Potential mechanisms underlying depression of excitation could be pre- or postsynaptic. Presynaptically, the reduction of excitation at fast AM rates could reflect long-interval selectivity of inputs, e.g., the superior olive (Condon et al. 1991), or synaptic depression of transmitter release at the synapses that afferents make onto midbrain cells. Postsynaptically, receptor desensitization could play a role in this depression. Future studies could directly stimulate toral afferents to disassociate the relative contributions of synaptic plasticity and temporal filtering upstream (Fortune and Rose 2000).
Inconsistencies with current models
Nearly 2/3 of the long-interval-selective neurons sampled in the present study did not respond to the onset of fast AM or PRR stimuli as predicted by the preceding models. These neurons differed from the former cases in that hyperpolarization typically preceded the depolarization to each pulse. It thus appears that the relative timing of inhibition and excitation can create a class of long-interval-selective neurons that are readily distinguishable from the former cases. Current evidence suggests that the mechanisms underlying selectivity of these neurons involve extensions of the Grothe model; the time course of the inhibition is shifted to precede the excitation (Fig. 11). In these cases, a reduction in the interval between successive pulses results in the overlap of inhibition from one pulse with the longer latency excitation of the preceding pulse. The temporally overlapping inhibition that is elicited by successive pulses at fast PRRs may “veto” the excitation from these pulses, such that these cells do not spike at the onset of or during a fast PRR stimulus. However, weaker excitation at these PRRs might also contribute to the lack of responses. Several lines of evidence support a veto role for inhibitory inputs to many of these neurons. Input resistance measurements made during fast PRR stimuli indicate that inhibition persists throughout these stimulus presentations. Second, attenuating inhibition with cesium unmasks supra-threshold excitation that is present at fast PRRs. Third, in some cases, prominent depolarization could be seen following the offset of a fast PRR stimulus, suggesting that excitation was present and that inhibition plays a key role in limiting responses at these PRRs. This role of inhibition in countering relatively strong excitation has also been observed in visual cortical neurons (Borg-Graham et al. 1998; Tucker and Fitzpatrick 2006). Inhibition may strongly counteract excitation, particularly if excitatory synapses are situated distally on the dendrites, e.g., on dendritic spines, and inhibitory synapses are located more proximally (Trevelyan and Watkinson 2005). Our model (Fig. 11) thus incorporates interactions between excitation and inhibition as well as rate-dependent depression of excitation to explain the response profiles for many of the neurons sampled in the present study.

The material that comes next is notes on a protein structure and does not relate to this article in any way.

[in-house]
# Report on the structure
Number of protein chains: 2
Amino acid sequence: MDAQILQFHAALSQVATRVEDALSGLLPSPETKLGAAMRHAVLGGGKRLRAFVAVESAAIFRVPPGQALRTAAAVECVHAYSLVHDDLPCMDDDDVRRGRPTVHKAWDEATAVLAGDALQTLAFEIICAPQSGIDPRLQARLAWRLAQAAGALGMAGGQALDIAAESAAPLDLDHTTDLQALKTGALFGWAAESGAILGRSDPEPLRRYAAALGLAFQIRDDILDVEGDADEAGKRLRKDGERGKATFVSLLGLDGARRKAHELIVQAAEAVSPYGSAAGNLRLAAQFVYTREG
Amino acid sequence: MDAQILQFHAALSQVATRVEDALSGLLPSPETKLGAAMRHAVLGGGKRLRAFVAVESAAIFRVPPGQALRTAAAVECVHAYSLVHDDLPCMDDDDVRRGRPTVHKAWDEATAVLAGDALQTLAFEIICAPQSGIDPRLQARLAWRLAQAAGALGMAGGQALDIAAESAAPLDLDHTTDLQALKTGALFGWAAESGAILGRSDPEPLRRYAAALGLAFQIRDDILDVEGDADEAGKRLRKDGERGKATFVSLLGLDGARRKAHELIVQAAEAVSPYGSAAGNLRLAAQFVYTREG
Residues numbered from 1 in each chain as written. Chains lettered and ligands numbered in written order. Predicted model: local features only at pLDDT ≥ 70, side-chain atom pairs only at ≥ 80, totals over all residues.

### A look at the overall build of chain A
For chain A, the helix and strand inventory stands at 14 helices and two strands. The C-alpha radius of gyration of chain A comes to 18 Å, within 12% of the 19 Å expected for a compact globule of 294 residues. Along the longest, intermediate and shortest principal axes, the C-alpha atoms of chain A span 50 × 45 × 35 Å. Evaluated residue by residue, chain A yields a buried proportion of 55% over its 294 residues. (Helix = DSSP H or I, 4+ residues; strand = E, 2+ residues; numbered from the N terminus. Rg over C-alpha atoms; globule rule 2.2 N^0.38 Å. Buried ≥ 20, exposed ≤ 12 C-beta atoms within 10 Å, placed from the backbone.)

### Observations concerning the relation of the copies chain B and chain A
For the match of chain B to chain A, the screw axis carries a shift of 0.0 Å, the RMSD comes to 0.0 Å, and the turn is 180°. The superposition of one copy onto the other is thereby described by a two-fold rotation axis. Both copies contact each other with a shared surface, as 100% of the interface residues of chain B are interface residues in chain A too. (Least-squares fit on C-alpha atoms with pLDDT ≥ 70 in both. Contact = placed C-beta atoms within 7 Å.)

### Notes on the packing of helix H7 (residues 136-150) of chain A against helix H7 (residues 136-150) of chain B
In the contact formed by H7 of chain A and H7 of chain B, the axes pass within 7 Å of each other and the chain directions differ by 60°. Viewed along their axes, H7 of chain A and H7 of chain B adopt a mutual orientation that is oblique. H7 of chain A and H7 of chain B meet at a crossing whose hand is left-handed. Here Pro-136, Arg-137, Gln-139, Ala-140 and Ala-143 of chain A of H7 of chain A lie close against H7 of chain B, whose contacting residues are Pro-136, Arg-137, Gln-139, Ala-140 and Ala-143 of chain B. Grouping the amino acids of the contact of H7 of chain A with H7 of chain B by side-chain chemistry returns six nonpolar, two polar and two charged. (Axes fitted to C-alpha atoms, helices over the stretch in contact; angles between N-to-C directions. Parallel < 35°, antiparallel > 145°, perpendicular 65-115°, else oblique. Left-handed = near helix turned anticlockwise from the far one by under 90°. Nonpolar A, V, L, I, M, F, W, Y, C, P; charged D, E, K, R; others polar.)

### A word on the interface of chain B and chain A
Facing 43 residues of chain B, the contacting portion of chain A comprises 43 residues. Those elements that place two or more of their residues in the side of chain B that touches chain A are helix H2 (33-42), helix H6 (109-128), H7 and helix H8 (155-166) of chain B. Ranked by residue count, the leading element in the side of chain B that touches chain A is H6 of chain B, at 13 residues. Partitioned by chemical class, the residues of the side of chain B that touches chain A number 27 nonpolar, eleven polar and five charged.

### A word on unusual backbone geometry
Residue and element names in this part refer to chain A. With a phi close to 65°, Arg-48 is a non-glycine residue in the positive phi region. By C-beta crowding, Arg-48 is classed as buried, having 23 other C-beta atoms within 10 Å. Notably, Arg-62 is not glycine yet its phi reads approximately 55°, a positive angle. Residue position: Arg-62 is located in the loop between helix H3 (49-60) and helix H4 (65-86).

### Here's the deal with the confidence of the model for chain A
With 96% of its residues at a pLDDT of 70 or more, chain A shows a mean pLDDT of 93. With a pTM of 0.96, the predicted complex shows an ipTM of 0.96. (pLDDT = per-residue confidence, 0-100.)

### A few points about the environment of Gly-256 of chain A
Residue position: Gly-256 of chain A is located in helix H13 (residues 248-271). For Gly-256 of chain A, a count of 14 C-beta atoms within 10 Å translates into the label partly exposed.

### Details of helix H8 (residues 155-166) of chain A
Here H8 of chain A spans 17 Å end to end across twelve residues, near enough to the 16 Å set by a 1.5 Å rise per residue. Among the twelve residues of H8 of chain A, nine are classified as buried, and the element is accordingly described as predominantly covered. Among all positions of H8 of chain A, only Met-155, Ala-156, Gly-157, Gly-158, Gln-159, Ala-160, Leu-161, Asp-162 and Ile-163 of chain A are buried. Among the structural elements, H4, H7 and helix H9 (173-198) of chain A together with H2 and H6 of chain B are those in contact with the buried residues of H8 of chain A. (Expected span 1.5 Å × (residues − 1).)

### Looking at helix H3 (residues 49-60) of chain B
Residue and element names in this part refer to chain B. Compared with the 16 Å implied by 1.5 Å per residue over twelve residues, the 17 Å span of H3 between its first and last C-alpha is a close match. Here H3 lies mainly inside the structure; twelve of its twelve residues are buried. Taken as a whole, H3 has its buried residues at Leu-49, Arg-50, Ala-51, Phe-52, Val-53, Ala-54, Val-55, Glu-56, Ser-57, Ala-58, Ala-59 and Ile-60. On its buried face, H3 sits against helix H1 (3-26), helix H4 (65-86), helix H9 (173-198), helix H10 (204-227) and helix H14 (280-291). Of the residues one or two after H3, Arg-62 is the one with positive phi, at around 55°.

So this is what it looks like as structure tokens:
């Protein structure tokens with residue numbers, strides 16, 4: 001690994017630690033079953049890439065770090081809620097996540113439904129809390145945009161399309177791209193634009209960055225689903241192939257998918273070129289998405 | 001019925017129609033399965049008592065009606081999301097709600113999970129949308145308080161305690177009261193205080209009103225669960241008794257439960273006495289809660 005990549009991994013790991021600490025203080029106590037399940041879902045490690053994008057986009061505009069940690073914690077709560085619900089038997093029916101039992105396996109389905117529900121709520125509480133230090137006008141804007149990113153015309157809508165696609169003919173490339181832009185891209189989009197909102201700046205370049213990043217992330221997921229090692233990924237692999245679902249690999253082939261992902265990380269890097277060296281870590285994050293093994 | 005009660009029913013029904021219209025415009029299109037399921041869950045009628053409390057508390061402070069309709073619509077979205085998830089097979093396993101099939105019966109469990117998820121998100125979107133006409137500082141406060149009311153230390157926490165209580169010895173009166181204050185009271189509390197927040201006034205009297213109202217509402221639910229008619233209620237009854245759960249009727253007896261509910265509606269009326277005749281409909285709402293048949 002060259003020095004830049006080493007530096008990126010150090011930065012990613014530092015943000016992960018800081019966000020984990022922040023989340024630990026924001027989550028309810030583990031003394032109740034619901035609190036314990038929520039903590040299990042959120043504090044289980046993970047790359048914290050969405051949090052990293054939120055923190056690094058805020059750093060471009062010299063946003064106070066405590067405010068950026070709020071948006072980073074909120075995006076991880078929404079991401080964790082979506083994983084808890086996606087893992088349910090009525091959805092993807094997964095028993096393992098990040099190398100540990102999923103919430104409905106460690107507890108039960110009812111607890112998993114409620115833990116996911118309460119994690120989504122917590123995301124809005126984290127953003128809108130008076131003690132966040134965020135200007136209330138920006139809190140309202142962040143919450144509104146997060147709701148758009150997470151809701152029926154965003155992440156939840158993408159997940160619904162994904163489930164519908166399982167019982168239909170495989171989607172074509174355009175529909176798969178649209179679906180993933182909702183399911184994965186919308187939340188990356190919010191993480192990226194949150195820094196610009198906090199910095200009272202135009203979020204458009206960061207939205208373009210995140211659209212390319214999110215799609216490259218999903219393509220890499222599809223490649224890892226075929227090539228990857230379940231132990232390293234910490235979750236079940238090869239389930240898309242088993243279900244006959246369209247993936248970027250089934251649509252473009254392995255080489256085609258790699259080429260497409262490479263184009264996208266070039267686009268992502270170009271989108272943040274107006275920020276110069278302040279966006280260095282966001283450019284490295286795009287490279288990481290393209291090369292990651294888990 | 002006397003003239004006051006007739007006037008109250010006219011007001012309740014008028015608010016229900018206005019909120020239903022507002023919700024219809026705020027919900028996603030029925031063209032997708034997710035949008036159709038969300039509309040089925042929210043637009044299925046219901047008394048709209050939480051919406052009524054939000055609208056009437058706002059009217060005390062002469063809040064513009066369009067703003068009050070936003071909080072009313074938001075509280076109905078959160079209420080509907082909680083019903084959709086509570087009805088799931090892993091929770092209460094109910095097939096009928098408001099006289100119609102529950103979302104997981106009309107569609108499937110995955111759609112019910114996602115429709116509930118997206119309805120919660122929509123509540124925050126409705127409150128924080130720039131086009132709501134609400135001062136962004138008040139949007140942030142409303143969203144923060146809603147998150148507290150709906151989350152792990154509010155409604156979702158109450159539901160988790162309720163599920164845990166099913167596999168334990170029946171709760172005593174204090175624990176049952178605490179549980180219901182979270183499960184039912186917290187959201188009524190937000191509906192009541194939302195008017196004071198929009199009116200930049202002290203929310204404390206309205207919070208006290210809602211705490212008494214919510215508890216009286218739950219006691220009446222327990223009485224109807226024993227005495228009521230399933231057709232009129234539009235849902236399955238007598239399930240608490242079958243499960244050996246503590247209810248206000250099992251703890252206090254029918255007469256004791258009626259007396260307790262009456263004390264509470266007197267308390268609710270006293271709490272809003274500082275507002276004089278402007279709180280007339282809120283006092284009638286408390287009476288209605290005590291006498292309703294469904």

Finally, Large and Crawford (2002) proposed an extension of the Grothe (1994) model that incorporates postinhibitory rebound depolarization. Over a narrow range of intervals, this rebound coincides with the excitation elicited by the next pulse, thereby augmenting the response and creating band-pass interval selectivity. In cases where excitation preceded inhibition, rebound depolarizations were sometimes observed, but they did not result in band-pass interval selectivity. At least in anurans, interplay between rate-dependent enhancement of excitation and inhibition appears to underlie band-pass interval selectivity (Edwards et al. 2007). The differential timing of excitation and inhibition appears to be an important general computational property in sensory systems [auditory (Casseday et al. 1994; Wehr and Zador 2003), visual (Jagadeesh et al. 1993; Preibe and Ferster 2005), somatosensory (Wilent and Contreras 2005)].